Your hardwood floors may be showing some serious wear and tear; perhaps now is the time for them to be refinished.
Sanding may appear like the ideal solution, but it can be messy and costly.
Refinishing hardwood floors without resorting to sanding is achievable, although it requires skill and patience. Follow these steps to restore your hardwood floors without the inconvenience of sanding.
Most property owners believe that in order to give their hardwood floors a renewed luster, they need to sand them down and restain them – an expensive, time-consuming and messy process. But this doesn’t need to be the case! Here’s another solution.
Instead of resorting to sanding, an alternative approach known as “screen and recoating” will refresh your floors without the need for extensive sanding. This option can especially come in handy if your floors only exhibit surface-level wear or need coloring changes; plus it saves on labor costs!
Before beginning the refinishing process, empty the room of furniture and thoroughly vacuum and dust mop the floors to remove any dust or debris that could prevent the new finish from adhering properly. Allow time for drying before walking on it or moving back any furniture back in.
Keep in mind, however, that refinishing your floors this way won’t remove deep scratches or stains and won’t rectify cupping and crowning issues; but will provide a good, long-term surface to protect your floor’s finish for many years to come.
If your floors are scratched and worn down but don’t require complete refinishing, buffering may be an effective way to renew them without resorting to full sanding. This process entails using a buffer to scrub over the surface before applying a fresh coat of finish.
Importantly, laminated and prefinished wood floors cannot be sanded using this method as their attractive veneer is only attached to plywood subflooring. Sanding these types of floors could damage their substructure and leave it susceptible to moisture leakage.
Begin by emptying and removing all furniture. Clean the floor using a pH-neutral wood flooring cleaner and allow it to dry before moving any back in. When it comes time to apply new finish, have one of your helpers hold a buffer behind closely, smoothing out drips or puddles as they arise with smoothing tools. Allow the finish at least an hour to cure before walking on it or moving back any furniture.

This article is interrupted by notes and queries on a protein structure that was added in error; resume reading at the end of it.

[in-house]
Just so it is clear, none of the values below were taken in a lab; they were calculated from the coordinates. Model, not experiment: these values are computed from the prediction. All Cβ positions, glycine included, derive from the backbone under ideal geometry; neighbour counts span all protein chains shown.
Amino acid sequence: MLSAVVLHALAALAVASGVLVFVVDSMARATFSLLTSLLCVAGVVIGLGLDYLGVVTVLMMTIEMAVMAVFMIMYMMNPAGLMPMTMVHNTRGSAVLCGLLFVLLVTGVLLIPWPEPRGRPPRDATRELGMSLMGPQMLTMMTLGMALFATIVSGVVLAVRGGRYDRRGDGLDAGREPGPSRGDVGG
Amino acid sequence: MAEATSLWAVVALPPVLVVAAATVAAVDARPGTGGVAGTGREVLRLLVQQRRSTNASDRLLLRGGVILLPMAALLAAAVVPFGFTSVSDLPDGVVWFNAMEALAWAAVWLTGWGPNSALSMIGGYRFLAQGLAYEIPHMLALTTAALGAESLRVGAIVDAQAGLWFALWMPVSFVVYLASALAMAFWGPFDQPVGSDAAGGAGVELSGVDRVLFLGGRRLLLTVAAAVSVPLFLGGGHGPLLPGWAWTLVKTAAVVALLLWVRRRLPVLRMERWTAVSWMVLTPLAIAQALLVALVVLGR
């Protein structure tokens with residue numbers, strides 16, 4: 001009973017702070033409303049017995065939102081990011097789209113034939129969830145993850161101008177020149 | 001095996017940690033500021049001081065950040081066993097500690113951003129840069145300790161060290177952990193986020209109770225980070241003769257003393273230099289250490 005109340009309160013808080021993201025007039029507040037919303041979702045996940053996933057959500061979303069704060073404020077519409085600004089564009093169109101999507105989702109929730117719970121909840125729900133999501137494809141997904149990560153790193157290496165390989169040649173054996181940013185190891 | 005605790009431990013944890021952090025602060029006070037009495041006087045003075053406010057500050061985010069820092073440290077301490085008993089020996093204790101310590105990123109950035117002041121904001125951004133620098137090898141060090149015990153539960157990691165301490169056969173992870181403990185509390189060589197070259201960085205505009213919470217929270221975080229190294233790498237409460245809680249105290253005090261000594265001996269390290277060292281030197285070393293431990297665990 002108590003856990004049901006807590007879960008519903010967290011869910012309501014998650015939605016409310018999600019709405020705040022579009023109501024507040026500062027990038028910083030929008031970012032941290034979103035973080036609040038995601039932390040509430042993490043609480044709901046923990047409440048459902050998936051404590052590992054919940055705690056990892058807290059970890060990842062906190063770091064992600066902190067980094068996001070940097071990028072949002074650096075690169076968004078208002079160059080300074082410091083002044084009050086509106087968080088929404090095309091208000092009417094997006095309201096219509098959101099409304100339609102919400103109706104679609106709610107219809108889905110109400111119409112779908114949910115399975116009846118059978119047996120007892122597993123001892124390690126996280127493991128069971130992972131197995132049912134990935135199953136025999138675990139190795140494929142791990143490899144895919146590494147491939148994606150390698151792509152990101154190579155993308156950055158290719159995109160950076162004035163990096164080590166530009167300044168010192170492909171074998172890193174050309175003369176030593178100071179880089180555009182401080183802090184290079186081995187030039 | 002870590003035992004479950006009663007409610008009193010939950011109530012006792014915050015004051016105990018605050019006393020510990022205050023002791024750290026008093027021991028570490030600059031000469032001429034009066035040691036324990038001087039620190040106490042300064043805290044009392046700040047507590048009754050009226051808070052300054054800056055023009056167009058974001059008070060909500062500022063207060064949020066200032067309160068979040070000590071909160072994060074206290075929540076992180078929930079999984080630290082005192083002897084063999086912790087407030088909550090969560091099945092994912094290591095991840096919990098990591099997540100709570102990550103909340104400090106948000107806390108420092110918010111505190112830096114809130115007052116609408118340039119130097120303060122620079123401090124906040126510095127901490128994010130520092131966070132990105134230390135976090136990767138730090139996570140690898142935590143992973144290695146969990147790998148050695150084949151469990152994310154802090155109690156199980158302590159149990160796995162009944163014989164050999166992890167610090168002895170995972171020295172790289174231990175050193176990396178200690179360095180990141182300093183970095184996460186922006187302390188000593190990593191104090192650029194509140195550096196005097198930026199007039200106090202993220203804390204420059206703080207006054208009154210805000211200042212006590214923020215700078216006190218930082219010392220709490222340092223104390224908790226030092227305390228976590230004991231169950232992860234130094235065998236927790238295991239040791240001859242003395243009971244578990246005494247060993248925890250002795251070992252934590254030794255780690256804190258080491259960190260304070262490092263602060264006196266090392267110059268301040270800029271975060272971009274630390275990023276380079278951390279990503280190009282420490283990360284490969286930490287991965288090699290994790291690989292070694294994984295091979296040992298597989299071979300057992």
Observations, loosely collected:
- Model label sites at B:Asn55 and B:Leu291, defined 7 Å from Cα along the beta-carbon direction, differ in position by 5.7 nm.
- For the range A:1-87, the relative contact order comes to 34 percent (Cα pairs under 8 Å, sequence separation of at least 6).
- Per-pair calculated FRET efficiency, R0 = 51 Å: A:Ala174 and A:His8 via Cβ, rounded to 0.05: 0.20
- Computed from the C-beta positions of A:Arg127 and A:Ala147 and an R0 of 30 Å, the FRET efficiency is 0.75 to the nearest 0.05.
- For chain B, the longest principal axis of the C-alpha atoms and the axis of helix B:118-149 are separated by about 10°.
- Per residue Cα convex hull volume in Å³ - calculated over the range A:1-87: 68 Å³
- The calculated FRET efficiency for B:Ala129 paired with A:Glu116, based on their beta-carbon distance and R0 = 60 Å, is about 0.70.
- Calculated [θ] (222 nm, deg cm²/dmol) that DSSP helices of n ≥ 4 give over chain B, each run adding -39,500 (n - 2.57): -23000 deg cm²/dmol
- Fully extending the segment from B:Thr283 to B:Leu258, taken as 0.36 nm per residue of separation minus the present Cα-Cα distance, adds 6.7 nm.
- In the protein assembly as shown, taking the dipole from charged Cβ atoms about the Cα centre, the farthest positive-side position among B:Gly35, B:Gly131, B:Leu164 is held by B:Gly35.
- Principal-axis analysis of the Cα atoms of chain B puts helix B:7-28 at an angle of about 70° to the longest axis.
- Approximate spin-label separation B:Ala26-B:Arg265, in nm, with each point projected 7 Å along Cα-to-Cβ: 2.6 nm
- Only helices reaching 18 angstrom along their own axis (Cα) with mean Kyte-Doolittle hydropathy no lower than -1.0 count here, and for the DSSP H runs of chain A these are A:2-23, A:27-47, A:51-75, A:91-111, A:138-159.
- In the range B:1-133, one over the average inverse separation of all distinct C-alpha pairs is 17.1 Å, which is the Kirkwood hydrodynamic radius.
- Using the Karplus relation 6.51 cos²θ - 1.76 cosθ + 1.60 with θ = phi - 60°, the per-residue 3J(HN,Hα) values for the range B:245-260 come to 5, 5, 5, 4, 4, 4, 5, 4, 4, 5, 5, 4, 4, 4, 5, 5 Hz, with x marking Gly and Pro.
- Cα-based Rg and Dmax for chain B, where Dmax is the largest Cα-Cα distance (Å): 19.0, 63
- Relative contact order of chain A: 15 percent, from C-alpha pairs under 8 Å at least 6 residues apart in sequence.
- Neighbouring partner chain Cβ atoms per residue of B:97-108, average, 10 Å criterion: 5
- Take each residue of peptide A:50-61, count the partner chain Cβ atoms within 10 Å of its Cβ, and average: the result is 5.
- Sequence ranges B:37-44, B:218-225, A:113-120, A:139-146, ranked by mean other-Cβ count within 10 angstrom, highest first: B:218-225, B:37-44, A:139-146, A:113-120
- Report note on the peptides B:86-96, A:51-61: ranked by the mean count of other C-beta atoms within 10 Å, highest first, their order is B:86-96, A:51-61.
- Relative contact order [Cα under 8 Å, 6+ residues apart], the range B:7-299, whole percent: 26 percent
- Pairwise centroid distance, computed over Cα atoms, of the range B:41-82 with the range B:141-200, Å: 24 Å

Wood stain or paint
Hardwood floor contractors often get requests that seem impossible, like changing the color of hardwood floors without sanding. Luckily, there are various methods available to renew them without this extensive operation.
One technique is called “screen and recoat,” whereby you scuff up the existing finish with a buffer, before applying a fresh coat of floor finish. Another alternative is chemical etching kits; both avoid messy, expensive, and time-consuming jobs of sanding down to bare wood.
Before beginning either procedure, begin by thoroughly sweeping and vacuuming your floors, as well as removing all furniture. If using a chemical etching kit, read its instructions closely in order to know how long people and furniture should remain away before applying product. Allow for proper drying times – typically from several hours up to several days depending on weather conditions and material choice of floor surface.
Renewal by Armstrong
This method offers an effective yet cost-effective option for floors that don’t require sanding. A revitalizer penetrates wood fibers to fill in mild scratches and make your floor appear new again. Before applying the revitalizer, clear away furniture and empty the room of all its contents before cleaning your floor thoroughly to get rid of wax, grease, and residue that has built up on its surface; any dirt on its surface prevents polish or finish from bonding properly to the wood surface.
Refinishing traditional hardwoods may work, but prefinished and laminated floors won’t. This is due to their thin layer of attractive wood veneer covering plywood subflooring – you cannot sand them without damaging this foundation layer. However, recoating can restore gloss to prefinished or laminated floors that have become dull-looking with regular mopping; additionally recoating can increase their lifespan, too – although its wear performance won’t compare favorably to solid-wood floors.